Barely a day goes by when we don’t hear reports of “fake news” and “alternative facts,” and it’s taking a toll. A global survey released in September by the polling firm Ipsos found that 32% of Canadian respondents were skeptical of science, up from 25% the year before.
Yet, one scientific institution continues to receive top marks when it comes to public trust and credibility: natural history museums. According to a 2017 study by IMPACTS Research & Development, museums are considered the most trustworthy source of information in the U.S., rating higher than local papers, non-profits, the government or academic researchers.
What gives museums this superpower of public trust? First, seeing is believing. Natural history museums collect, preserve and manage physical evidence of plants, animals, minerals and fossils – evidence that is on display for all to see. The Canadian Museum of Nature has been building that trust with the public since it first opened its doors in 1912.
Second, research-intensive museums are experts in knowledge translation, giving the general public access to complex subjects. More than seven million people visit natural history museums annually in Canada—far more than any other scientific institution. More than half a million people visit the Canadian Museum of Nature in Ottawa each year, with millions more experiencing the museum’s travelling exhibitions across Canada and around the world.
Natural history museums are also critical contributors to scientific discovery. The Canadian Museum of Nature is home to Canada’s largest museum collection: 14.6 million individual natural history specimens, including mineralogy, paleobiology, zoology and botany. This invaluable and irreplaceable scientific infrastructure provides baseline evidence of our planet’s development, change, and interdependencies over four billion years of history.
These national assets are also available globally. Natural history museums are a significant source of data feeding into the Global Biodiversity Information Facility (GBIF), a global platform that allows anyone, anywhere to access data about all types of life on Earth. The UN’s convention on Biological Diversity endorses GBIF as a vital source of data for its deliberations and actions in global conservation efforts.
The Canadian Museum of Nature has contributed over 900,000 digital records of biodiversity data to GBIF, which directly feed over 1.2-billion digital downloads annually. The GBIF Science Report notes that these data are used for a broad range of applications, from food security, to predicting the spread of human pathogens and conserving endangered species.
Other countries support museum research
Even though museums are acknowledged as highly trusted sources of knowledge, they do face challenges when it comes to sustainability. Unlike our counterparts in the U.S. and Europe, museums in Canada cannot apply directly for federal grants for research, science infrastructure, or digitization.
The Canadian Museum of Nature spends 25% of its $36-million annual budget on research and collections care, far below the recommended standard of between 30% and 40% for research-intensive museums. For comparison, the Museum of Natural History in Berlin, Germany directs nearly half of its budget to research.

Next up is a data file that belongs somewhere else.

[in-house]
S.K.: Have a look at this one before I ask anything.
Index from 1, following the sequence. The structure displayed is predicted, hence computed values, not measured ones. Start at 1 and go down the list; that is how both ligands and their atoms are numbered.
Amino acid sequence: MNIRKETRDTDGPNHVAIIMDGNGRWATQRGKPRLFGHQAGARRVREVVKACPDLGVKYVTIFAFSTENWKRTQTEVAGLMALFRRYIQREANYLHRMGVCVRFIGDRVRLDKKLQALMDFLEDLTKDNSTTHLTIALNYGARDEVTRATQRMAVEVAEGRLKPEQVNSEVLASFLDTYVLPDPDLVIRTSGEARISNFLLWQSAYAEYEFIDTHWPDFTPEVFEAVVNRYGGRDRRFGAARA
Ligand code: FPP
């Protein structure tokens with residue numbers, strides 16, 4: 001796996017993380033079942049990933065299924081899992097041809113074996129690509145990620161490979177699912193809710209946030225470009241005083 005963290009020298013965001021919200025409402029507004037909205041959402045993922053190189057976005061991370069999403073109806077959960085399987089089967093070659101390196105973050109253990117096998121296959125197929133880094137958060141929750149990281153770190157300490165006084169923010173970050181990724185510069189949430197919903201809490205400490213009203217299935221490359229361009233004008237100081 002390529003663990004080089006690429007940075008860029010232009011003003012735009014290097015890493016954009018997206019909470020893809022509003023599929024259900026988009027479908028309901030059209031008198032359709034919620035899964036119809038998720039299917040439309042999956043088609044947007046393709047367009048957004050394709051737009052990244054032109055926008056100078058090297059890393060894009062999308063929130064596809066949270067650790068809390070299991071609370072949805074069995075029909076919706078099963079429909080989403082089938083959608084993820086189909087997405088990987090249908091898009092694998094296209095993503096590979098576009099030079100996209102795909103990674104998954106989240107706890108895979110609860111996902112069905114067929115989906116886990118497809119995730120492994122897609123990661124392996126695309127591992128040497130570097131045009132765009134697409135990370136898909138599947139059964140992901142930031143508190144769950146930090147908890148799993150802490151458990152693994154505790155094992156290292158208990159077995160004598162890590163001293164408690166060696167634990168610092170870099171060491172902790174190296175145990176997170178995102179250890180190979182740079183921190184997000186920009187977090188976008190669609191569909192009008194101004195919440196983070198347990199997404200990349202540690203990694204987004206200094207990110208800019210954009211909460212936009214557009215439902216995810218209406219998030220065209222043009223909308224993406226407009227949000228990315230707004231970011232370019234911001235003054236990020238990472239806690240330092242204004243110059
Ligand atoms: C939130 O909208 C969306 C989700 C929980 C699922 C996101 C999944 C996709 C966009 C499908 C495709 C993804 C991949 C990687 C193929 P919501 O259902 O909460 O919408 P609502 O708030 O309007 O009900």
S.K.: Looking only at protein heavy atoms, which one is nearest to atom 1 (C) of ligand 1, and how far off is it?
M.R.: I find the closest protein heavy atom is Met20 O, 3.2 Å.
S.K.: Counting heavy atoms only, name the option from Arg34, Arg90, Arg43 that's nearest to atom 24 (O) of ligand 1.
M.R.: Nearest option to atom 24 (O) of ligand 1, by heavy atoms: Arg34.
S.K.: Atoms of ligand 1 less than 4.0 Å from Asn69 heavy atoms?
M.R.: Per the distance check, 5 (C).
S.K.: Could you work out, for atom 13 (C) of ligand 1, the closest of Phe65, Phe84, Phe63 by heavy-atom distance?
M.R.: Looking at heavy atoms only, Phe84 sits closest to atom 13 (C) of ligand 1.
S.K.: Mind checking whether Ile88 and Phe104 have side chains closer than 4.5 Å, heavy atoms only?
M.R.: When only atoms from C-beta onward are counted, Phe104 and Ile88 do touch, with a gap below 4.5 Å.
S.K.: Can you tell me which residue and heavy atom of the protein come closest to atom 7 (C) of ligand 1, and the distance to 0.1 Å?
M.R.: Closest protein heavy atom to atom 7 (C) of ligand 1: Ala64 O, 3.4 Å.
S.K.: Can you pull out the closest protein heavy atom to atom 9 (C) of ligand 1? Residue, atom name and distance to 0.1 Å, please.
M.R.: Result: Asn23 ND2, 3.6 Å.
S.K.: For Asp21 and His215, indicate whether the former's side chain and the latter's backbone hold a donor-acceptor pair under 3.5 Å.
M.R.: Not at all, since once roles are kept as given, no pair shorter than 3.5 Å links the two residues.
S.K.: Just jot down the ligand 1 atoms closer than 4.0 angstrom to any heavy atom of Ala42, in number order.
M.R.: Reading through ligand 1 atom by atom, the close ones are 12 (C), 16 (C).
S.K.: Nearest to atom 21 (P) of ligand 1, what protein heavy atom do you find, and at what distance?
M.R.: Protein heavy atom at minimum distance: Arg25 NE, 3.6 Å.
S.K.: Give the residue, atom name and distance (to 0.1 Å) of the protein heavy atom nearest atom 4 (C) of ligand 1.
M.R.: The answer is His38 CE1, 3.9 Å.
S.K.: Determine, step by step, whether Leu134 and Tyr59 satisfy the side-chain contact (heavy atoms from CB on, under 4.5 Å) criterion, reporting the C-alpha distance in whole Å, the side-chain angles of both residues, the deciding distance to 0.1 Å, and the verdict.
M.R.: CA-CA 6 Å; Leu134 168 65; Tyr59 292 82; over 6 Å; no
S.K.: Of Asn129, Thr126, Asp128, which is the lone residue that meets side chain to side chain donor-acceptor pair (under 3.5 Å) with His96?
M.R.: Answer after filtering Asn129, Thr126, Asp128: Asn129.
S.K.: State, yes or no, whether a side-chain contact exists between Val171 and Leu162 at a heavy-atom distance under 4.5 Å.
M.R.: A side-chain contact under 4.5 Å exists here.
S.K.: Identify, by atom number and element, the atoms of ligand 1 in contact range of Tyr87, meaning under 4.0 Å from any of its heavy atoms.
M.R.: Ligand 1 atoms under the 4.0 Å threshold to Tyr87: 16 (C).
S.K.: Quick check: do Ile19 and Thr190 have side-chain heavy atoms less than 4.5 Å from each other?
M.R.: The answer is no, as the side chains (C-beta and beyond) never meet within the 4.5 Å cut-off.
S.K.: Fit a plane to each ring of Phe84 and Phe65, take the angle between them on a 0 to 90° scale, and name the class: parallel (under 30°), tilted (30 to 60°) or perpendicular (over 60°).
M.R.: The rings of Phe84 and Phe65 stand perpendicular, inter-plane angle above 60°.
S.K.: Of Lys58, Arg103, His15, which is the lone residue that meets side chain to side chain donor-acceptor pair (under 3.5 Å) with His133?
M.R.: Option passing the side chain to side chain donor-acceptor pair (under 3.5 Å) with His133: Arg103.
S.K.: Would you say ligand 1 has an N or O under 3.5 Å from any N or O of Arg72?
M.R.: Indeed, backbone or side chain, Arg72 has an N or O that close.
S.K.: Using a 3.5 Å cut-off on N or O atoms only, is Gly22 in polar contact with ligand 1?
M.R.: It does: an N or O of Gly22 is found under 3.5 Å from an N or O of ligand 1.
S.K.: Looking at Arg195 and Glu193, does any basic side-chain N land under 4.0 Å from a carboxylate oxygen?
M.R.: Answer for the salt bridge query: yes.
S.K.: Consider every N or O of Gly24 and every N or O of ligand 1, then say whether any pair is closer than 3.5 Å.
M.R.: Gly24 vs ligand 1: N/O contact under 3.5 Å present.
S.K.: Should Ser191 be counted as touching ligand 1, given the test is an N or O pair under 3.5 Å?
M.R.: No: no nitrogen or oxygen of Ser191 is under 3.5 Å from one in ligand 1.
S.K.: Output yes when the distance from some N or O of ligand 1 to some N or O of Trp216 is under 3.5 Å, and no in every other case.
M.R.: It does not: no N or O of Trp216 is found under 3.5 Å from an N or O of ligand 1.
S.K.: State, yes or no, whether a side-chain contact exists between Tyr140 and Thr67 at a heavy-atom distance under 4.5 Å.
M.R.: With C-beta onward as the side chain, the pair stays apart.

Natural history museums are important contributors to scientific discovery. The Canadian Museum of Nature’s work in both the field and the lab has led to the discovery or classification of 39 species in this past year alone. Our scientists are currently involved in 20 research projects, 18 field expeditions, and collaborations in over 100 cities around the world. In 2018, they published over 90 peer-reviewed scientific papers.
Most curators and researchers today are scientists with PhDs and many are cross-appointed at universities. They work with graduate students on interdisciplinary projects—often in partnership with universities, other museums, governments and international collaborators. Canadian Museum of Nature scientists conduct fundamental research to better understand the past, life on the planet now and provide the baseline knowledge from which future change can be projected.
In one project our scientists are studying 3.5-million year old camel fossils from the High Arctic, when global temperatures were two-to-three degrees warmer than they are today. The research is providing a window into our climate future and how our ecosystems could change when global temperatures rise two degrees as predicted.
There was a time when Canada’s main research granting agencies did not fund research at colleges and polytechnics. Today, colleges and polytechnics receive grants through the tri-council College and Community Innovation program. This could become a model for supporting research at natural history museums.
Funding for research would allow the Canadian Museum of Nature to train more university students, and collaborate more with researchers across Canada and internationally. Funding for infrastructure would give us the means to digitize massive specimen collections, creating a formidable scientific resource for documenting and sharing critical evidence about our natural world that can educate society, inform policy and advance research.
Canada has a unique opportunity to leverage the excellent science and credibility of natural history museums to preserve the record of the natural world for future study. Together, we can continue to inspire the next generation to think differently about how they live in balance with our natural world.